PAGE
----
In the West, Hong Kong action cinema is mostly known from modern films such as Ang Lee’s wire-fuelled fantastical melodrama ‘Crouching Tiger, Hidden Dragon’ and a few highly notable directors and actors who have migrated to Hollywood either for a time or indefinitely. In this article I will explore the two Hong Kong films ‘Hardboiled’ and ‘Ip Man’ which respectively stars Chow Yun-Fat and Donnie Yen.
Early on, in fact in the very first action set piece of ‘Hardboiled’ Chow Yun-Fat’s character, Inspector Tequila, is hot on the heels of triad gun smugglers, who indiscriminately shoot their way down a stairwell through a panicked crowd. As he barely dodges the incoming fire, Tequila jumps on the stairwell’s railing and, as he slides down, proceeds to pump the baffled criminals full of lead with a loaded .45 in each hand.
This, ladies and gentlemen, is the epitome of cool. It is the crème de la crème of what the action genre can possibly offer distilled to its purest form. Even if you’ve never even heard of the film’s director, John Woo, or the Hong Kong film industry in general, you know what this scene looks like. It will forever be engrained in our shared pool of pop culture knowledge. And yet, it’s not even the climax of that particular action scene. Instead, the film just keeps escalating from the aforementioned firefight in a crowded downtown restaurant, ending in a viscous massacre at a major hospital.
This almost half-an-hour ending sequence is like a gruesome ballet with Death itself as both Chow and Tony Leung, who plays his put-upon partner, Alan, does their damndest to look as stoic and righteous as possible while saving infant babies, murdering dozens of triad henchmen and decimating the entire hospital all in the name of justice and honour. In an especially impressive display of visual trickery, Woo keeps the camera on the action for an entire five minutes without cutting once, as the two men murder bad guys, who swarm in and out of corridors.
Like the best of its kind, Hardboiled ultimately walks a ridiculously thin line between self parody and taking itself way too seriously. With its colourful cast of characters headed by the always charismatic Chow, its melodramatic, vaguely nonsensical plot which flies out the window as soon as the third act knocks on the door and a seemingly endless supply of limitless ammo cases, bad guys and exploding squibs, Hardboiled is a feast for both the eyes and the ears.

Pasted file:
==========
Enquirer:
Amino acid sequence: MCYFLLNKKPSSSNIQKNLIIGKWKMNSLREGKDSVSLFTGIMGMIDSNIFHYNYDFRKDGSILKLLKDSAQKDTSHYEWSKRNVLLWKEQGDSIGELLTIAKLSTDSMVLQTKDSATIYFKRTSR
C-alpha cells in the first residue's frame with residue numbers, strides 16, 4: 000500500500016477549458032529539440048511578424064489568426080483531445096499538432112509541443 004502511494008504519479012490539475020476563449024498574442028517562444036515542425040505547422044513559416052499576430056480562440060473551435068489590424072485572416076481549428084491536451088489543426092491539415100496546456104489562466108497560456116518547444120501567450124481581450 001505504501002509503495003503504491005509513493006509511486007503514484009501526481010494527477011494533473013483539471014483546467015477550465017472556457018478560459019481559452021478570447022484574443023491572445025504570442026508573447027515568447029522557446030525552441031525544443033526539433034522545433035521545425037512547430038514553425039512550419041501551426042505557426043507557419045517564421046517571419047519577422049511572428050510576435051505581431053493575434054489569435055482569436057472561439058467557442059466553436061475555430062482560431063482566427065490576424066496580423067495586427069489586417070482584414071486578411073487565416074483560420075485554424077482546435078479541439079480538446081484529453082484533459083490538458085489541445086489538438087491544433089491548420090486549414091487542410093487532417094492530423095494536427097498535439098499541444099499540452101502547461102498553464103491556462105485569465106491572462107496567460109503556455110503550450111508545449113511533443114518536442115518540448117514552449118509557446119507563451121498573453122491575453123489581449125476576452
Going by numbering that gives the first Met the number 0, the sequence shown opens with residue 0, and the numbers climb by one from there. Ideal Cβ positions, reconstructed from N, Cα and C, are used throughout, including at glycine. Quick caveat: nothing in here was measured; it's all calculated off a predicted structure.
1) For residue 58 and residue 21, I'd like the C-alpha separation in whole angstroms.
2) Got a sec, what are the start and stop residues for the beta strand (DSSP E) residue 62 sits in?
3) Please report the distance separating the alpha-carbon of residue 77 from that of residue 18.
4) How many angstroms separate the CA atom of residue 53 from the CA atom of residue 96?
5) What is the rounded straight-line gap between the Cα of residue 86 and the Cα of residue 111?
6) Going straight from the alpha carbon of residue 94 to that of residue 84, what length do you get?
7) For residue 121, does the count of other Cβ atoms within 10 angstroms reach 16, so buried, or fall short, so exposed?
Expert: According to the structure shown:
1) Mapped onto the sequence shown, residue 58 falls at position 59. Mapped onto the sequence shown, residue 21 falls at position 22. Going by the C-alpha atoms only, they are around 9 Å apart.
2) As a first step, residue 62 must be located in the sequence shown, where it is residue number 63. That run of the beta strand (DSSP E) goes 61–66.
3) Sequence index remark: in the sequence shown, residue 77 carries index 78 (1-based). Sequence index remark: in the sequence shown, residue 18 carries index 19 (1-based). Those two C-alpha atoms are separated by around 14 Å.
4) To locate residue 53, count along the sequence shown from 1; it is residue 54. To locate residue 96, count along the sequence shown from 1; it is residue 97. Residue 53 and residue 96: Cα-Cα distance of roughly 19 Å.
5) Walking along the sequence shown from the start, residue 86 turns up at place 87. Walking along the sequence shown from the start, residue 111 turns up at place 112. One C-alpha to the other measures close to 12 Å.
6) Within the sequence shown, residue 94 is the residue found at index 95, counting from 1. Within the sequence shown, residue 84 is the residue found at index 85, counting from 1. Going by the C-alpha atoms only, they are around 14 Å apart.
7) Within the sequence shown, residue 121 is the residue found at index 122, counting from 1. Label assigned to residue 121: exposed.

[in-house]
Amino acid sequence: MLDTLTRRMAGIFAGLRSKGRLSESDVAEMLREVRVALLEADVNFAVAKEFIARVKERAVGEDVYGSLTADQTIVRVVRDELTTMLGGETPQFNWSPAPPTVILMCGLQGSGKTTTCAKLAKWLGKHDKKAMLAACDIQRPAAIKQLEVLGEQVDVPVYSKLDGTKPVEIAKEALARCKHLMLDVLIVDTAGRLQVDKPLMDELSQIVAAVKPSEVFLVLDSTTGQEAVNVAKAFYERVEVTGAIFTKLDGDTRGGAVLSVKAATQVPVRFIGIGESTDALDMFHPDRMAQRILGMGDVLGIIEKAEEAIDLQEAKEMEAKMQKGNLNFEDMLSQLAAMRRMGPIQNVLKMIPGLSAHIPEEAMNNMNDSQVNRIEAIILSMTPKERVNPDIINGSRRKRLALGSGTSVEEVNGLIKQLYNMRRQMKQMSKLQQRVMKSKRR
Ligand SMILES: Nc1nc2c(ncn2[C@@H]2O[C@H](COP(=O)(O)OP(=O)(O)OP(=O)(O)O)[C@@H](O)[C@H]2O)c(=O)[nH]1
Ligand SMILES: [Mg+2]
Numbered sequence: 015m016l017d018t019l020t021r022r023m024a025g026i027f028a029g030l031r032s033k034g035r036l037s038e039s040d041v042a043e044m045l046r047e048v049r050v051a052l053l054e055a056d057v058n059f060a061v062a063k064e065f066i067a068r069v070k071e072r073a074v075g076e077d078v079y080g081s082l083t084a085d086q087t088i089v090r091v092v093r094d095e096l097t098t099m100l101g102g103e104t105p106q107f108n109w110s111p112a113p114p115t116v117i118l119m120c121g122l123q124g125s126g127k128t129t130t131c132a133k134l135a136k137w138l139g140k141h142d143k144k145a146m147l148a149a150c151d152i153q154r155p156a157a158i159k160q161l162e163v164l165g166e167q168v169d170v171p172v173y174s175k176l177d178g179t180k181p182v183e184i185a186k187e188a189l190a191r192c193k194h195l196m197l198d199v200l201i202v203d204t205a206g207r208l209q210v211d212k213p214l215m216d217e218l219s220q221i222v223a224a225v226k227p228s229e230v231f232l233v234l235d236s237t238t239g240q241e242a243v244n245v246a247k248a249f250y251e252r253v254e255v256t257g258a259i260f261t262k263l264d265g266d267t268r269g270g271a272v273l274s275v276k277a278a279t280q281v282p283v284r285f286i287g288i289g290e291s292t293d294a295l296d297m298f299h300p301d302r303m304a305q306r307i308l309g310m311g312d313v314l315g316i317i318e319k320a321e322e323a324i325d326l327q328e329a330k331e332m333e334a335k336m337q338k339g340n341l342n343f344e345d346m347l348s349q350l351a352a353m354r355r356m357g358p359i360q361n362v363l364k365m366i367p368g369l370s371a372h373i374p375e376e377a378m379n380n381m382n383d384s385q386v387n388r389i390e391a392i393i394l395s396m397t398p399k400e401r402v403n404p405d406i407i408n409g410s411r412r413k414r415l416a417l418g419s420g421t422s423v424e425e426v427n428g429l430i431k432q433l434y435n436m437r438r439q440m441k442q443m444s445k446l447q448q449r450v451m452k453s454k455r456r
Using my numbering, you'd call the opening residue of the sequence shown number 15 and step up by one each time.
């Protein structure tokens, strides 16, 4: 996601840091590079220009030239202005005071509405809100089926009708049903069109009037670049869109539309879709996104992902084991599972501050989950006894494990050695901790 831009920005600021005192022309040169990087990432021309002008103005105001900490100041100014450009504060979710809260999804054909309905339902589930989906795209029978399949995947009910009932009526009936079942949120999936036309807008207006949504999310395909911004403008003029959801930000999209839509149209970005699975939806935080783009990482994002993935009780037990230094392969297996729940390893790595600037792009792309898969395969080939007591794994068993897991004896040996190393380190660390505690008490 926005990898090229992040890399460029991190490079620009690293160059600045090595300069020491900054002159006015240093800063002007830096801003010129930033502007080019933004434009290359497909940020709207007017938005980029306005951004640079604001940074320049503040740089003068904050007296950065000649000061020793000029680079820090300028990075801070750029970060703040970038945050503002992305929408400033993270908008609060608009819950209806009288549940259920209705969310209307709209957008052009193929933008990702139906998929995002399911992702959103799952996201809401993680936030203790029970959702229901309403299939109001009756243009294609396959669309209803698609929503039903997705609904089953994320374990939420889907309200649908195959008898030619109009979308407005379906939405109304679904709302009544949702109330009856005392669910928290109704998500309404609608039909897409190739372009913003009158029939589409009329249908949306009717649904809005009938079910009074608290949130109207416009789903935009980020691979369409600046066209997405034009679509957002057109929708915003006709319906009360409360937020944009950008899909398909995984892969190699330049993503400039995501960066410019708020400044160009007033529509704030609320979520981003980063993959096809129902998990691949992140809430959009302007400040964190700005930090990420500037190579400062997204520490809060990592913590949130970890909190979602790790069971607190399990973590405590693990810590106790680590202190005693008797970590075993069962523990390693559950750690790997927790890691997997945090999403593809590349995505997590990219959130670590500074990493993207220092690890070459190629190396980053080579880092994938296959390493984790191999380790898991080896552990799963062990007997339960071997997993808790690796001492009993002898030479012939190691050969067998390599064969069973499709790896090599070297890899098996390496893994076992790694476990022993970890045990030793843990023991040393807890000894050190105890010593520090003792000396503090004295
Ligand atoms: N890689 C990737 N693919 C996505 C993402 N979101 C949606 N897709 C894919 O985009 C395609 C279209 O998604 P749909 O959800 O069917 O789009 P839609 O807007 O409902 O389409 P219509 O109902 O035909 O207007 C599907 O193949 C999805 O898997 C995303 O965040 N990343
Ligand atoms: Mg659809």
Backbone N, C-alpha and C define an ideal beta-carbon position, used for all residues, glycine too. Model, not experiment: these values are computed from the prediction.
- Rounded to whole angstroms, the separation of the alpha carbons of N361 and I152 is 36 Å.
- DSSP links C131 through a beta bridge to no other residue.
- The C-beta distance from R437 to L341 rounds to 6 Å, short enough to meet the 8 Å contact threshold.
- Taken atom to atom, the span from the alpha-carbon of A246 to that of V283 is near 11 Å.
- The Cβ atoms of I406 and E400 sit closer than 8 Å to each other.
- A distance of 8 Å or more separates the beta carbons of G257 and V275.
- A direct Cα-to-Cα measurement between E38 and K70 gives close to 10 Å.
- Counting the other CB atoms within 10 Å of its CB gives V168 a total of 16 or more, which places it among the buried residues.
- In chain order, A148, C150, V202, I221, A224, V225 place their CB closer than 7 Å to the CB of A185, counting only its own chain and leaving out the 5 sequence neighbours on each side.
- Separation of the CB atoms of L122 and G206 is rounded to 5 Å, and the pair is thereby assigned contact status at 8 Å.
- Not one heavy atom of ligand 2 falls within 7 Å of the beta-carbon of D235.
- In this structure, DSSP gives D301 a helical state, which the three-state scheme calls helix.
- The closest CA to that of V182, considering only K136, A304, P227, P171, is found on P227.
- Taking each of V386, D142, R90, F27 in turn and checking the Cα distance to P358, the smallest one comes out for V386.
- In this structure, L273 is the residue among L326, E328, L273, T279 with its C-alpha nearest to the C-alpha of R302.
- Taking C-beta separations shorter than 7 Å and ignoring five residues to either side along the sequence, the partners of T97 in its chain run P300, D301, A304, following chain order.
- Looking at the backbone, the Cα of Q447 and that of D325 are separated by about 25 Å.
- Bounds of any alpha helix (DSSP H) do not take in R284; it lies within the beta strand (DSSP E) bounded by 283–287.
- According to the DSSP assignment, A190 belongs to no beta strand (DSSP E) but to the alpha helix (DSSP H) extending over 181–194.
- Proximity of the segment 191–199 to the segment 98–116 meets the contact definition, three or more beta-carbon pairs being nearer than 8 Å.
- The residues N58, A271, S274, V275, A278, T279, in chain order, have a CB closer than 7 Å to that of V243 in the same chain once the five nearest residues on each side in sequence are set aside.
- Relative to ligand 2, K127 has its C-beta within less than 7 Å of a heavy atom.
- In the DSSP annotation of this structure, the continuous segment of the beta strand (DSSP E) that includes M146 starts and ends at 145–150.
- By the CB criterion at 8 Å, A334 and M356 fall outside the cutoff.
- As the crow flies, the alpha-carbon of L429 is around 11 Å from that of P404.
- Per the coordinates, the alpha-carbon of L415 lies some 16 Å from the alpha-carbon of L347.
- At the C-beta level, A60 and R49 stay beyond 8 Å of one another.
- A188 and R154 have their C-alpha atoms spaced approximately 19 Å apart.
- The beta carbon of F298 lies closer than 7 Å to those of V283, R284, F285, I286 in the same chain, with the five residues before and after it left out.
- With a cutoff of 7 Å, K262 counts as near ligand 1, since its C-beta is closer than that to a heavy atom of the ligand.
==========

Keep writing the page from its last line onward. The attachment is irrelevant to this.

Ip Man (2008)
‘Ip Man’ is a kung-fu film, directed by Wilson Yip. As the name suggests, the film is about the martial-arts scholar, Ip Man, who famously challenged and defeated a Japanese general in a kung-fu tournament under their occupation of China from 1937-1945.
Playing the part of Ip Man is Donnie Yen, one of the 21st century’s more prominent martial-arts action stars. Outside of a few B-action movies where he has been the leading man, his roles in Hollywood have however mostly consisted of bit characters such as the blind Jedi, Chirrut, in ‘Rogue One: A Star Wars Story.’
However, after watching ‘Ip Man’ it is all too clear that Donnie Yen is an actor who commands the screen from the second he enters the fray. His calm, sympathetic demeanor combined with a steely-eyed gaze constantly keeps the audience in anticipation of what this master of martial-arts is going to do next.
Unlike its contemporary cousins such as ‘Hero’ and ‘House of Flying Daggers,’ ‘Ip Man’ throws the genre’s traditionally melodramatic storytelling structure to the wind in favour of a more social realistic one. Ip Man isn’t fighting because of a dead wife or parent, but to avenge the suffering of the Chinese civilian population under the iron fist of its Japanese suppressors. This in turn means that the stakes are so much higher than other kung-fu films such as ‘Drunken Master’ or ‘The Streetfighter.’
This dramatic change in tone is actually highlighted by the movie itself. The first act, which takes place just before the Japanese invasion, has plenty of tomfoolery and insane wire-stunts, while the rest of the film is much more visceral and gut punchingly real.
In a particular highpoint of the film, Ip Man is surrounded by ten Japanese kung-fu fighters whom he precedes to destroy in flair of devastating punches and kicks. Accompanied with the sounds of bones crunched and lungs pierced, there is not a second’s doubt that these adversaries are going, not to the sickbed, but the morgue.
It goes without saying for both of the films I’ve highlighted in this article that the stunt work and directing of these action scenes are impeccable, but even with such stiff competition, like Ip Man himself; ‘Ip Man’ outranks even the best of what the genre has to offer.
各位先生女士，這就叫做「型」了。這個場面無疑是讓動作電影錦上添花並提供了最純粹最高級的表現。即使您從來沒有聽過「吳宇森」這位導演的名字甚或至香港的電影工業，您總能夠想像這場面的景象 – 這場面已經深深的烙印在所有人對流行文化的共同回憶中。但這精彩的一幕亦不是電影的高潮，相對的這套電影在不斷地向上推進，由人滿為患的街邊餐廳前進之大醫院裡面的屠殺。
《辣手神探》的極致精彩遊走於角色誇演和認真之間。在永遠迷人的周潤發的出演之下，電影充滿劇情又帶點不通理的安排在無盡的彈藥、壞人和爆破場面下均已消散 – 這套電影肯定是視覺和聽覺的奢華享受。
跟它的近親電影《英雄》或者《十面埋伏》不一樣，《葉問》循著功夫電影固有的故事模式並帶有寫實的歷史背景。葉問的反擊並不是因為死去的妻子或家人，而是因為從日本霸權下拯救受苦受難的中國人 – 整個意義突然升華甚至超出其他諸如《醉拳》和《街頭霸王》等武打電影。